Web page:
diabetes does not go away 100% of the time when 
you lose significant weight, it does go away often 
enough that you need to strongly focus on weight 
loss as the single thing you can do to improve 
your health. Weight loss will also lower your 
cholesterol levels. In simple terms cutting 
portions down, cutting out calories is much better 
than adding any cholesterol reducing food 
supplements, even oatmeal. I wish I had a secret 
to share with you on how to lose weight but I do 
not. Weight watchers has one of the best programs 
that doctors recommend but if you choose to do it 
yourself, remember that changing your eating 
habits permanently has to be part of the program. 

4. Low dose aspirin not beneficial for those over 70

Low dose aspirin (a baby aspirin, 80 mg a day) has 
been advocated by many physicians and health 
publications as a possible preventative against 
heart attacks. Aspirin functions as a weak 
anticoagulant (blood thinner) so any blood 
clotting from atherosclerotic plaques in blood 
vessels that produces a myocardial infarction (MI) 
or a thrombotic stroke may be lessened by daily 
aspirin. The only problem is that blood thinning 
of any kind can also cause bleeding in the stomach 
or bowels or bleeding in the small blood vessels 
in the brain (hemorrhagic stroke). 

Recently, investigators in Australia modeled the 
benefits versus the risks of low dose aspirin 
therapy. They used high quality articles in the 
medical literature to make estimates f MI 
reductions and bleeding complications under 
different circumstances and at different ages. 
They found that in men and women over the age of 
70 who did NOT have diagnosed cardiovascular 
disease, the benefits were almost evenly matched 
by the complications. For example in a theoretical 
10,000 women, low dose aspirin may have prevented 
321 ischemic heart attacks and 35 ischemic 
strokes, but it caused 572 major gastrointestinal 
bleeds and 54 hemorrhagic strokes.  

The authors did not feel that the benefits 
outweighted the risks of low dose aspirin therapy 
in people over 70 years old. I agree with them. 

Low dose aspirin not beneficial for those over 70

5. Health tip to share - Patient assistance programs

For people living on a reduced income, e.g., less 
than $19,000 per year if single or less than 
$30,000 a year for a family, there are programs to 
help with the expense of medicines. Many 
pharmaceutical companies have programs to help 
with medications but you have to apply and 
qualify. Until now there has not been a single 
source to go to in order to find out what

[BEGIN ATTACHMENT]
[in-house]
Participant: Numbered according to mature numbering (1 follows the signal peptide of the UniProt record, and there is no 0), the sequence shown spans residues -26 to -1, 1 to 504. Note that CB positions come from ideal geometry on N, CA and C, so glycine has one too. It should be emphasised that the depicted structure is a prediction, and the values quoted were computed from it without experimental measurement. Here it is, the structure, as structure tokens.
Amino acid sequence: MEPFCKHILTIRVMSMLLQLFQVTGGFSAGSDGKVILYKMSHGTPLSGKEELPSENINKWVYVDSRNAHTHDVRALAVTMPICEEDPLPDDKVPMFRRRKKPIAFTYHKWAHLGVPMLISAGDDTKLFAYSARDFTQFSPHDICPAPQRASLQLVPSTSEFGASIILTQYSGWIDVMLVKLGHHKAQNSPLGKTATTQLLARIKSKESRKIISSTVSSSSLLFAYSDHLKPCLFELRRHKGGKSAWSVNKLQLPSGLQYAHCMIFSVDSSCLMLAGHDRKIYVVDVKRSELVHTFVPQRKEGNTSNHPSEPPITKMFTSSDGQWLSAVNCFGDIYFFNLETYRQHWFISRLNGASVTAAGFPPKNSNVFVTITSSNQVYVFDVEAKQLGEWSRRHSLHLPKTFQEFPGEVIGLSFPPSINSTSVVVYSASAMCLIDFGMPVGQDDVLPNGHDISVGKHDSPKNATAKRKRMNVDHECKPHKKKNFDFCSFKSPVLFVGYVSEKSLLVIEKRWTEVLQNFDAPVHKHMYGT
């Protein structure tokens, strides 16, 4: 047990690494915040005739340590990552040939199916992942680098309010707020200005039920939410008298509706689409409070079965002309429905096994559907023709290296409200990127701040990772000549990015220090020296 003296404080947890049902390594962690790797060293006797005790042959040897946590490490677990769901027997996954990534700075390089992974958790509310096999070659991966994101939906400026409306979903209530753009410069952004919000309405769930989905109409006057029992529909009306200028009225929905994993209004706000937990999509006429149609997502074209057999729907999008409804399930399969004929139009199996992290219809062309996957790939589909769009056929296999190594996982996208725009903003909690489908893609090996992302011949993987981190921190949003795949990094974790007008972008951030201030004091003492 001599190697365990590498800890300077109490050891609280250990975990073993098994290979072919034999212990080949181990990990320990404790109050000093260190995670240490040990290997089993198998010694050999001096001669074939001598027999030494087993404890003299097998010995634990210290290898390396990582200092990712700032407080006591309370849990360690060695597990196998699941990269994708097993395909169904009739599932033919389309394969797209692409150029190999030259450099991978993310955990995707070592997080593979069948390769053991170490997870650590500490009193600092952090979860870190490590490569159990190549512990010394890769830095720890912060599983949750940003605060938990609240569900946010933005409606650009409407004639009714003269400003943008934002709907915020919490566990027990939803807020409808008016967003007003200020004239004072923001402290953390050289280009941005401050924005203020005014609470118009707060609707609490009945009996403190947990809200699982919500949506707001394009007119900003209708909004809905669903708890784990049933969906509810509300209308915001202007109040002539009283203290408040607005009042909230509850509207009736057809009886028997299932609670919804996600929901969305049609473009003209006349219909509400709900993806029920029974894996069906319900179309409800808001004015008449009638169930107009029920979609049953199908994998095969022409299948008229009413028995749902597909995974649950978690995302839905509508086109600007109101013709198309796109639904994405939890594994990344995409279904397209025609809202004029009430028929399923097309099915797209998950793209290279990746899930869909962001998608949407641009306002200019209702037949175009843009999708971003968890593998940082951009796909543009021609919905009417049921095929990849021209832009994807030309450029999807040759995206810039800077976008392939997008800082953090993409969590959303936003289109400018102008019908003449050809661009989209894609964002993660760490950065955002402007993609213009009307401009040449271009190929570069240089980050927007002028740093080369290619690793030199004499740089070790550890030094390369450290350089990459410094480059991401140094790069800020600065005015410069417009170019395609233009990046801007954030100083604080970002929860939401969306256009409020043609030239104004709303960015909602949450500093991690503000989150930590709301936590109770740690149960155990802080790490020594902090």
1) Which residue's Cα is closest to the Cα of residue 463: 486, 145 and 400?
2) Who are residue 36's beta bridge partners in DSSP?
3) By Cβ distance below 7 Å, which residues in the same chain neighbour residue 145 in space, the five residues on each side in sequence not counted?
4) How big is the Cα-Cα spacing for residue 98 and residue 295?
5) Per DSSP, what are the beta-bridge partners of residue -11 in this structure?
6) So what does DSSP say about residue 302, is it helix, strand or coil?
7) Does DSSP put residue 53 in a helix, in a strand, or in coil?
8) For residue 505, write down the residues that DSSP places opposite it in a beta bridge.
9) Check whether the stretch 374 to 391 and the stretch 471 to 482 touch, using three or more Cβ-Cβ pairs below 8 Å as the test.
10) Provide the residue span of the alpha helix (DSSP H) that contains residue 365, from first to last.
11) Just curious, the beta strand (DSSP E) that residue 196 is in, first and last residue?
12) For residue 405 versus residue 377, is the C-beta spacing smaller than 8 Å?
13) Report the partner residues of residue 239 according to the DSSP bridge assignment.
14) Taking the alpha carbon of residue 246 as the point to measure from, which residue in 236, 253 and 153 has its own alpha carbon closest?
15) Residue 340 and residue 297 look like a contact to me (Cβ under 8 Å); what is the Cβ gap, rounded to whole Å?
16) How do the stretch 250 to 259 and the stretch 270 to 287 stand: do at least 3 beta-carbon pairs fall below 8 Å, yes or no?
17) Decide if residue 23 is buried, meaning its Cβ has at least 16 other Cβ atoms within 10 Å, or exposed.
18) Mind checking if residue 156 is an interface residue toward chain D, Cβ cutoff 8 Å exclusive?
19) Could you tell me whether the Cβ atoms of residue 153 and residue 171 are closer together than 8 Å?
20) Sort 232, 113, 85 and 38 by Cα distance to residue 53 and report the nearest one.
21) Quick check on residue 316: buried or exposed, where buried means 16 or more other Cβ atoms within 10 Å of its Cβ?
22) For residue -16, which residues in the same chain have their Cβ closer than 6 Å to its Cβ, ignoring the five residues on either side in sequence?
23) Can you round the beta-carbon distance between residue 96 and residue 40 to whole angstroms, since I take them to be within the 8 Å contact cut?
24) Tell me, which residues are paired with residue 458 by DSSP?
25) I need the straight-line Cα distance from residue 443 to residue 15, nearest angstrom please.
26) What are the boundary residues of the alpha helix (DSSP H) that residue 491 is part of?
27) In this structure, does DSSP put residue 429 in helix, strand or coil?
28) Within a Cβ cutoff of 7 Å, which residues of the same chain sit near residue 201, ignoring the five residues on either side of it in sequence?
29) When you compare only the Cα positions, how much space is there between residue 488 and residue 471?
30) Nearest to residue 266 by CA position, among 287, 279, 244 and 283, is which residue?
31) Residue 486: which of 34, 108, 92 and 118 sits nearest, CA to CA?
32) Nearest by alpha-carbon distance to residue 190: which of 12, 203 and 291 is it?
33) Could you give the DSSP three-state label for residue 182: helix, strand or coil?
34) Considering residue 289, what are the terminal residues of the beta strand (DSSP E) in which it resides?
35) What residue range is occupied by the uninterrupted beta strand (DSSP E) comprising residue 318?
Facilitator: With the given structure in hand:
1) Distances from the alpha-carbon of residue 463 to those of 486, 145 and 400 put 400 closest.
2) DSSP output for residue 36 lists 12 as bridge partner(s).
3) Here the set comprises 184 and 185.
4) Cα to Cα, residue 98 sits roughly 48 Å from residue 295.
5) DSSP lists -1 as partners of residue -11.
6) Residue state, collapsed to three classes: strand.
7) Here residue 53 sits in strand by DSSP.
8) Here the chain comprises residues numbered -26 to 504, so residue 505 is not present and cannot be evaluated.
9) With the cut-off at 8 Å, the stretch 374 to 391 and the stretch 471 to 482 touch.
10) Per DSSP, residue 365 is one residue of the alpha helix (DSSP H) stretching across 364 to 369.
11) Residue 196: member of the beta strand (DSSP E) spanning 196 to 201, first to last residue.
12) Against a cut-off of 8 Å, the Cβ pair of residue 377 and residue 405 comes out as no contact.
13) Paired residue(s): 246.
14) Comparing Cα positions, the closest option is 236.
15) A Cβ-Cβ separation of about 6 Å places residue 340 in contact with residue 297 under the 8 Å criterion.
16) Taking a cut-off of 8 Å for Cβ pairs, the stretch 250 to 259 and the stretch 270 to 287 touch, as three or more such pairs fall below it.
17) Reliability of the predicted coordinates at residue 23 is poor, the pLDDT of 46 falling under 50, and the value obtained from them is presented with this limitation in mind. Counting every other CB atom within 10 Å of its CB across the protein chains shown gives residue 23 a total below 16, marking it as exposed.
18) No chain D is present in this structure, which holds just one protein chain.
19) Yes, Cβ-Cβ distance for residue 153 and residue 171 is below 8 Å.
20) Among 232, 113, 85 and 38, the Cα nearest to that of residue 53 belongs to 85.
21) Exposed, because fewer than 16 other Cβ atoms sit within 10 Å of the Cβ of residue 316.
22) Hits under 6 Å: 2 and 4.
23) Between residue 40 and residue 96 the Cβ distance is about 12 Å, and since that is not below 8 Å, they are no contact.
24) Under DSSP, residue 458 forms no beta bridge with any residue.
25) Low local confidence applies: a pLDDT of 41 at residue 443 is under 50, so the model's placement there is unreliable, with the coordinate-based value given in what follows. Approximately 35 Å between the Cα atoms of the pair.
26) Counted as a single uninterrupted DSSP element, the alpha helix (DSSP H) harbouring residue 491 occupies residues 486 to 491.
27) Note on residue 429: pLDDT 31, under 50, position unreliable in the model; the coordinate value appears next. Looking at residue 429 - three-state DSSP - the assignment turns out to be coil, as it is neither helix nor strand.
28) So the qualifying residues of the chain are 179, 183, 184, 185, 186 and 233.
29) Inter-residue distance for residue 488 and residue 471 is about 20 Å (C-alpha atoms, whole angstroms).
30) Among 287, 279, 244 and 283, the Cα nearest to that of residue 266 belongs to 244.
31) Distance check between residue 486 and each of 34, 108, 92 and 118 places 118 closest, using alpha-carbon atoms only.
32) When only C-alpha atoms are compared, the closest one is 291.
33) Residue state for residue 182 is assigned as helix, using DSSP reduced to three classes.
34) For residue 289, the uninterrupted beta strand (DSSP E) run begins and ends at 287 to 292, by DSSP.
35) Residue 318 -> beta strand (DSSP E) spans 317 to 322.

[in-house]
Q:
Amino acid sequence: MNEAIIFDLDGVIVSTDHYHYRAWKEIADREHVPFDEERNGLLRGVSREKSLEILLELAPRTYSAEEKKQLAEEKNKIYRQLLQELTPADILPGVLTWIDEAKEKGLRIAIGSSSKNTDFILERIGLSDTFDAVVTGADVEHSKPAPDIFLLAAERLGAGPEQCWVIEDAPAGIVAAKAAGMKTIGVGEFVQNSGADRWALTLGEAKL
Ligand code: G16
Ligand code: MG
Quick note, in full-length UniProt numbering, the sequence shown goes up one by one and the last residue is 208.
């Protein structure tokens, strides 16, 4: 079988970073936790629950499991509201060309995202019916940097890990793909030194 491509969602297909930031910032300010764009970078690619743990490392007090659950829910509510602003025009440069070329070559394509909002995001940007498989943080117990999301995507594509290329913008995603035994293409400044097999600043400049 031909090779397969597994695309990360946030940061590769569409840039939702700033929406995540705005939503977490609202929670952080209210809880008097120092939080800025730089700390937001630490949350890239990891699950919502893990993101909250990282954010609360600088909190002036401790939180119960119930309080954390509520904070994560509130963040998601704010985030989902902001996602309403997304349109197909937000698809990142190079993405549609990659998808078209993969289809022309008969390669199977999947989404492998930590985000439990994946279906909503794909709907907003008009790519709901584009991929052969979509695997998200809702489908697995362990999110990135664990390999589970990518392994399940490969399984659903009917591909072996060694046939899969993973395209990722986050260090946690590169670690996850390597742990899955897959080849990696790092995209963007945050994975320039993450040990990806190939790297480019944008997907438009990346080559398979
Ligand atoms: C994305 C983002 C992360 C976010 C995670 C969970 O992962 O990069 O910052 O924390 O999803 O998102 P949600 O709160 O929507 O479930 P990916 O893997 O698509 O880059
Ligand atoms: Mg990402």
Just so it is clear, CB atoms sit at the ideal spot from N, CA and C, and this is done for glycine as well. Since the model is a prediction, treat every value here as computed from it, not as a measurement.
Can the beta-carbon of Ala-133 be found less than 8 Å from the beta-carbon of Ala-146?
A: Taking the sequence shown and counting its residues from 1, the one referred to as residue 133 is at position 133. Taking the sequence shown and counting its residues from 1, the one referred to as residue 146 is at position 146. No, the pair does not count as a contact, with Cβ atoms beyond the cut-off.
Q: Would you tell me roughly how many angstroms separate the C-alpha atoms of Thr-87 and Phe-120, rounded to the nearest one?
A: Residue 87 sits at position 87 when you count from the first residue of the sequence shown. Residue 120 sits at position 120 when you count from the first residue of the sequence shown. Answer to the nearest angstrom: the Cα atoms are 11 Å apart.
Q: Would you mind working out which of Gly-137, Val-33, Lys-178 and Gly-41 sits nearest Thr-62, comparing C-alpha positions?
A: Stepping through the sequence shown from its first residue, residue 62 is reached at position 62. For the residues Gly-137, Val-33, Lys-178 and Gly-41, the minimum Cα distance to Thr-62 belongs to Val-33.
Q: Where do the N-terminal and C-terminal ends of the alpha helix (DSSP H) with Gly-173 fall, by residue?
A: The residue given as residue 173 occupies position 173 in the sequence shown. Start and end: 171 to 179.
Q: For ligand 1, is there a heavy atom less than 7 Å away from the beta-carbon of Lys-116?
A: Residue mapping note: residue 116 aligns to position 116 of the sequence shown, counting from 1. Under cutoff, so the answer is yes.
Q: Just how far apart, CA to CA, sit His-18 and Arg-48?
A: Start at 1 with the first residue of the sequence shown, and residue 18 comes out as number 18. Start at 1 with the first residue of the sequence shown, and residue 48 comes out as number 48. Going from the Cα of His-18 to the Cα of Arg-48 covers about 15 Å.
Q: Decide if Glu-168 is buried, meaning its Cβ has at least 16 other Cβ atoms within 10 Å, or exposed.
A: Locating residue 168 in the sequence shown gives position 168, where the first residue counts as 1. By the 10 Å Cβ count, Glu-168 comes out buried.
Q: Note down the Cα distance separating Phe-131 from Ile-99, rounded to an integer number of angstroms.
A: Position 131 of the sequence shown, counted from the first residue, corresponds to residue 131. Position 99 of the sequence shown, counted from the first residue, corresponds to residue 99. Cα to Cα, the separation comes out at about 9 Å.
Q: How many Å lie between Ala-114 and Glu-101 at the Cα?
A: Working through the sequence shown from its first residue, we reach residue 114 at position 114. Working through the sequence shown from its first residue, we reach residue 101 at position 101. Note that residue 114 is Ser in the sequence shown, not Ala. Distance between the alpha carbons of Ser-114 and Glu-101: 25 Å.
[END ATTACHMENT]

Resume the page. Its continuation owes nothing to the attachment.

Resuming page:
medications might be available. One group 
www.freemedsandsolutions.com has compiled such 
lists and will help people to apply to programs 
for reduced cost or free medications. There is, 
however, a $10 charge for the application fee and 
help in applying. 

6. Humor is healthy

"Great Truths About Life That Little Children Have 

1. No matter how hard you try, you can't baptize 

2. When your mom is mad at your dad, don't let her 
brush your hair. 

3. If your sister hits you, don't hit back. They 
always catch the second person. 

4. Never ask your 3 year-old brother to hold a 

5. You can't trust dogs to watch your food. 

6. Reading what people write on desks can teach 
you a lot. 

7. Don't sneeze when someone is cutting your hair. 

8. Puppies still have bad breath even after eating 
a breath mint. 

9. Never hold a vacuum and a cat at the same time. 

10. School lunches stick to the wall. 

11. You can't hide a piece of broccoli in a glass 
of milk. 

12. Don't wear polka-dot underwear under white 
shorts -no matter how cute the underwear is. 

That's it for this time. 
Your BACKUPMD on the Net.
Frederick R. Jelovsek MD 

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********** Health Newsletter ***********
              June 26,  2005
Biweekly from BackupMD on the Net

1. How does cancer treatment affect libido?
2. Fish oil supplementation and heart rhythm
3. Reader submitted Q&A - Shellfish allergy
4. PMS and vitamin D, calcium intake
5. Health tip to share - Nausea from chemotherapy
6. Humor is healthy
The next newsletter will be in two weeks.

1. How does cancer treatment affect libido?

It is not uncommon for sexual desire to decrease 
or become absent when one is undergoing treatment 
for cancer. Sometimes the causes are physical, 
sometimes mental and often times both. Losing 
interest in sexual intimacy, even just kissing or 
cuddling causes strain between partners. It is a 
very important time for good communication to 
determine just exactly what the problem is. 

Of course any cancer treatment affecting the 
genital organs such as vulva, cervix, uterine or